How a Blast Furnace Works – source
The purpose of a blast furnace is to chemically reduce and physically convert iron oxides into liquid iron called “hot metal”. The blast furnace is a huge, steel stack lined with refractory brick, where iron ore, coke and limestone are dumped into the top, and preheated air is blown into the bottom. The raw materials require 6 to 8 hours to descend to the bottom of the furnace where they become the final product of liquid slag and liquid iron. These liquid products are drained from the furnace at regular intervals. The hot air that was blown into the bottom of the furnace ascends to the top in 6 to 8 seconds after going through numerous chemical reactions. Once a blast furnace is started it will continuously run for four to ten years with only short stops to perform planned maintenance.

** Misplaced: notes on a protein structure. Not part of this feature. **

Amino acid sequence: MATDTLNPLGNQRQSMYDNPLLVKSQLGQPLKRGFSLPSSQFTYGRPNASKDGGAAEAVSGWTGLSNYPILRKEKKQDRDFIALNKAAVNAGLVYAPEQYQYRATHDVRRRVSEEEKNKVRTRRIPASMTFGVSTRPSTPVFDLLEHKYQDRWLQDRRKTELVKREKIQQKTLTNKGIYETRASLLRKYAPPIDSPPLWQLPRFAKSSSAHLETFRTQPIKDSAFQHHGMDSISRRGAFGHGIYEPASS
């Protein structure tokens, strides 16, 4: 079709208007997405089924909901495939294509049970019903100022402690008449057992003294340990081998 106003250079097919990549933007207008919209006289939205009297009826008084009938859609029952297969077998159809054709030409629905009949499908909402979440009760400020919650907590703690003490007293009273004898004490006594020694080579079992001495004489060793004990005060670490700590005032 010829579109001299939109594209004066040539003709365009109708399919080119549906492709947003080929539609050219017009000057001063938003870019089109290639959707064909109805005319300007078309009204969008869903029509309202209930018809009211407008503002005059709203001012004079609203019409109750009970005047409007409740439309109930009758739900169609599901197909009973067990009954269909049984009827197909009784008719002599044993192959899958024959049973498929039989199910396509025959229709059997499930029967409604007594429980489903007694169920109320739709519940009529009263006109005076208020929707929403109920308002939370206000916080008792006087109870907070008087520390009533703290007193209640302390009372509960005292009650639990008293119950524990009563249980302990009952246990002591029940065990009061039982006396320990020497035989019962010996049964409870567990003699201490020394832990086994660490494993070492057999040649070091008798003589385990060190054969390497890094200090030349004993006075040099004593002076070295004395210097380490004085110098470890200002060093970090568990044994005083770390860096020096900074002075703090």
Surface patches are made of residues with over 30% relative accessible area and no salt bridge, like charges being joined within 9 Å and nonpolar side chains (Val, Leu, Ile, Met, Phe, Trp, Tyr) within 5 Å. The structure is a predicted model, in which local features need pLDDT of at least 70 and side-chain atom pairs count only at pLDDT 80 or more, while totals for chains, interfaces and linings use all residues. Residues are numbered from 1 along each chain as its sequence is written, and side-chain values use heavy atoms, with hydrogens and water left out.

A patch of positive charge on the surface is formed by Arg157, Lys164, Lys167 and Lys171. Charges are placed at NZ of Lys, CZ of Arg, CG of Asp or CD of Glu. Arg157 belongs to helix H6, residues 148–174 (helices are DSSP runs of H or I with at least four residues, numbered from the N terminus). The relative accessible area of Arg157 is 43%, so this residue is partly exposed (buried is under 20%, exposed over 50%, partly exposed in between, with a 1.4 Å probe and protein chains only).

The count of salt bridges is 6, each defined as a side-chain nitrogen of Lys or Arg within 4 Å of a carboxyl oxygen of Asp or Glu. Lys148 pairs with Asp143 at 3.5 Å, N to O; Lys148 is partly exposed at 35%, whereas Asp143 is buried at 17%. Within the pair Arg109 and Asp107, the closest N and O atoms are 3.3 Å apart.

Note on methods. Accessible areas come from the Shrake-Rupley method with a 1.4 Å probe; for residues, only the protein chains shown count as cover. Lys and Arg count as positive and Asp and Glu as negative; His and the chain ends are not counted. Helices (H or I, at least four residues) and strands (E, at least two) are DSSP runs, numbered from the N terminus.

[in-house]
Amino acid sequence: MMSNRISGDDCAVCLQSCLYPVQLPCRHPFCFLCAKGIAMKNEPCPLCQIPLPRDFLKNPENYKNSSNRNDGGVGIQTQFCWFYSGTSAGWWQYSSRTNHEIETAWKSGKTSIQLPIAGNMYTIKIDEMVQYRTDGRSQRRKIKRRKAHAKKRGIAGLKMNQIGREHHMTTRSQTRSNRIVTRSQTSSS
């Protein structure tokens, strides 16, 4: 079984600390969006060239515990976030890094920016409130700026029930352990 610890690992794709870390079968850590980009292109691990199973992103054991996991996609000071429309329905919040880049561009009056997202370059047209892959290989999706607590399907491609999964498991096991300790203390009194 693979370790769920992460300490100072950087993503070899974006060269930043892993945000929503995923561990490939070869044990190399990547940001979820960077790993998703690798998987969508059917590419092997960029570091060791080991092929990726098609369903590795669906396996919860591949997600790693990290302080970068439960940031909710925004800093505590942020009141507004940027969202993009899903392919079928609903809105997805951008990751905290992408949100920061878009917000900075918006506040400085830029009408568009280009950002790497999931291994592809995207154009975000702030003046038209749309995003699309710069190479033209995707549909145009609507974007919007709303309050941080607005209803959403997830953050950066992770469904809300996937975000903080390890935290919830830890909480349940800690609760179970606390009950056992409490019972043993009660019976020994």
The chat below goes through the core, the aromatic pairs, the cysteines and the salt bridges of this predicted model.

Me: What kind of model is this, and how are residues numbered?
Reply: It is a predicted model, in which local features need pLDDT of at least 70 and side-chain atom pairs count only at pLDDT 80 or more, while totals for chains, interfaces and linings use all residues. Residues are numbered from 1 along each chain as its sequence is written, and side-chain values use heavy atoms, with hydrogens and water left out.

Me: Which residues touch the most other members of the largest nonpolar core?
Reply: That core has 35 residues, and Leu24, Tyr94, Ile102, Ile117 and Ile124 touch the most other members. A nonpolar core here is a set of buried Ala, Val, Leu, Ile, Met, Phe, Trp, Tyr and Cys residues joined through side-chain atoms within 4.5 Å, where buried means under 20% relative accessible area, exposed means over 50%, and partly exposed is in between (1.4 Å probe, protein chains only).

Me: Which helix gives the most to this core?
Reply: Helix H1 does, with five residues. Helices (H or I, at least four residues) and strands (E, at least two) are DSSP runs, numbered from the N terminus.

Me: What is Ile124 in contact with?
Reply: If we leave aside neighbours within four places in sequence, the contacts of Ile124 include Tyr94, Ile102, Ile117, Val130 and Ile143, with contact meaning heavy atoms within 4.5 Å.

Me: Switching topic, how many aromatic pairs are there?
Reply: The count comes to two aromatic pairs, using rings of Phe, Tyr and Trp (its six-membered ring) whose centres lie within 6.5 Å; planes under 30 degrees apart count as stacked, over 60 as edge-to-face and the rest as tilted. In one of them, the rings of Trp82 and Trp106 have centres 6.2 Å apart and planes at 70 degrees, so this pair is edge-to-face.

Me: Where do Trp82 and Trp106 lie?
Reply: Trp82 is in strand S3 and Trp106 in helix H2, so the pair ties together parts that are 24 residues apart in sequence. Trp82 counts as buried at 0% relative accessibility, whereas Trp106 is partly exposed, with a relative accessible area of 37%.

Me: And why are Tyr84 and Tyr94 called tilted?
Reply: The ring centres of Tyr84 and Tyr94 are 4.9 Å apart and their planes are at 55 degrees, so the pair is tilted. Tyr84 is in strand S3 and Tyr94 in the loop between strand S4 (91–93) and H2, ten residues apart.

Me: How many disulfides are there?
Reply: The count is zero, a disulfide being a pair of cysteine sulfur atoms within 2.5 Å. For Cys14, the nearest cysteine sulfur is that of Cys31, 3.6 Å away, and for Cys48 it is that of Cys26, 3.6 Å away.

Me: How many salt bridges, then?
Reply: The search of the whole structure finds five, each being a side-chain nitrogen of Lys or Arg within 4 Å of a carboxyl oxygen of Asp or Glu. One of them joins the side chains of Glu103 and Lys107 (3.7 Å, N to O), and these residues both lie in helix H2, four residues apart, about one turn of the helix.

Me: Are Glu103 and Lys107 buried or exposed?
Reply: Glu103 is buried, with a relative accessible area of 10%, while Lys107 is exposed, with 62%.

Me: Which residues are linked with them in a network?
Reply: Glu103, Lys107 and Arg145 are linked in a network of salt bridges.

Iron oxides can come to the blast furnace plant in the form of raw ore, pellets or sinter. The raw ore is removed from the earth and sized into pieces that range from 0.5 to 1.5 inches. This ore is either Hematite (Fe2O3) or Magnetite (Fe3O4) and the iron content ranges from 50% to 70%. This iron-rich ore can be charged directly into a blast furnace without any further processing. Iron ore that contains a lower iron content must be processed or beneficiated to increase its iron content. Pellets are produced from this lower iron content ore. This ore is crushed and ground into a powder so the waste material called gangue can be removed. The remaining iron-rich powder is rolled into balls and fired in a furnace to produce strong, marble-sized pellets that contain 60% to 65% iron. Sinter is produced from fine raw ore, small coke, sand-sized limestone and numerous other steel plant waste materials that contain some iron. These fine materials are proportioned to obtain the desired product chemistry then mixed together. This raw material mix is then placed on a sintering strand, which is similar to a steel conveyor belt, where it is ignited by a gas-fired furnace and fused by the heat from the coke fines into larger size pieces that are from 0.5 to 2.0 inches. The iron ore, pellets and sinter then become the liquid iron produced in the blast furnace with any of their remaining impurities going to the liquid slag.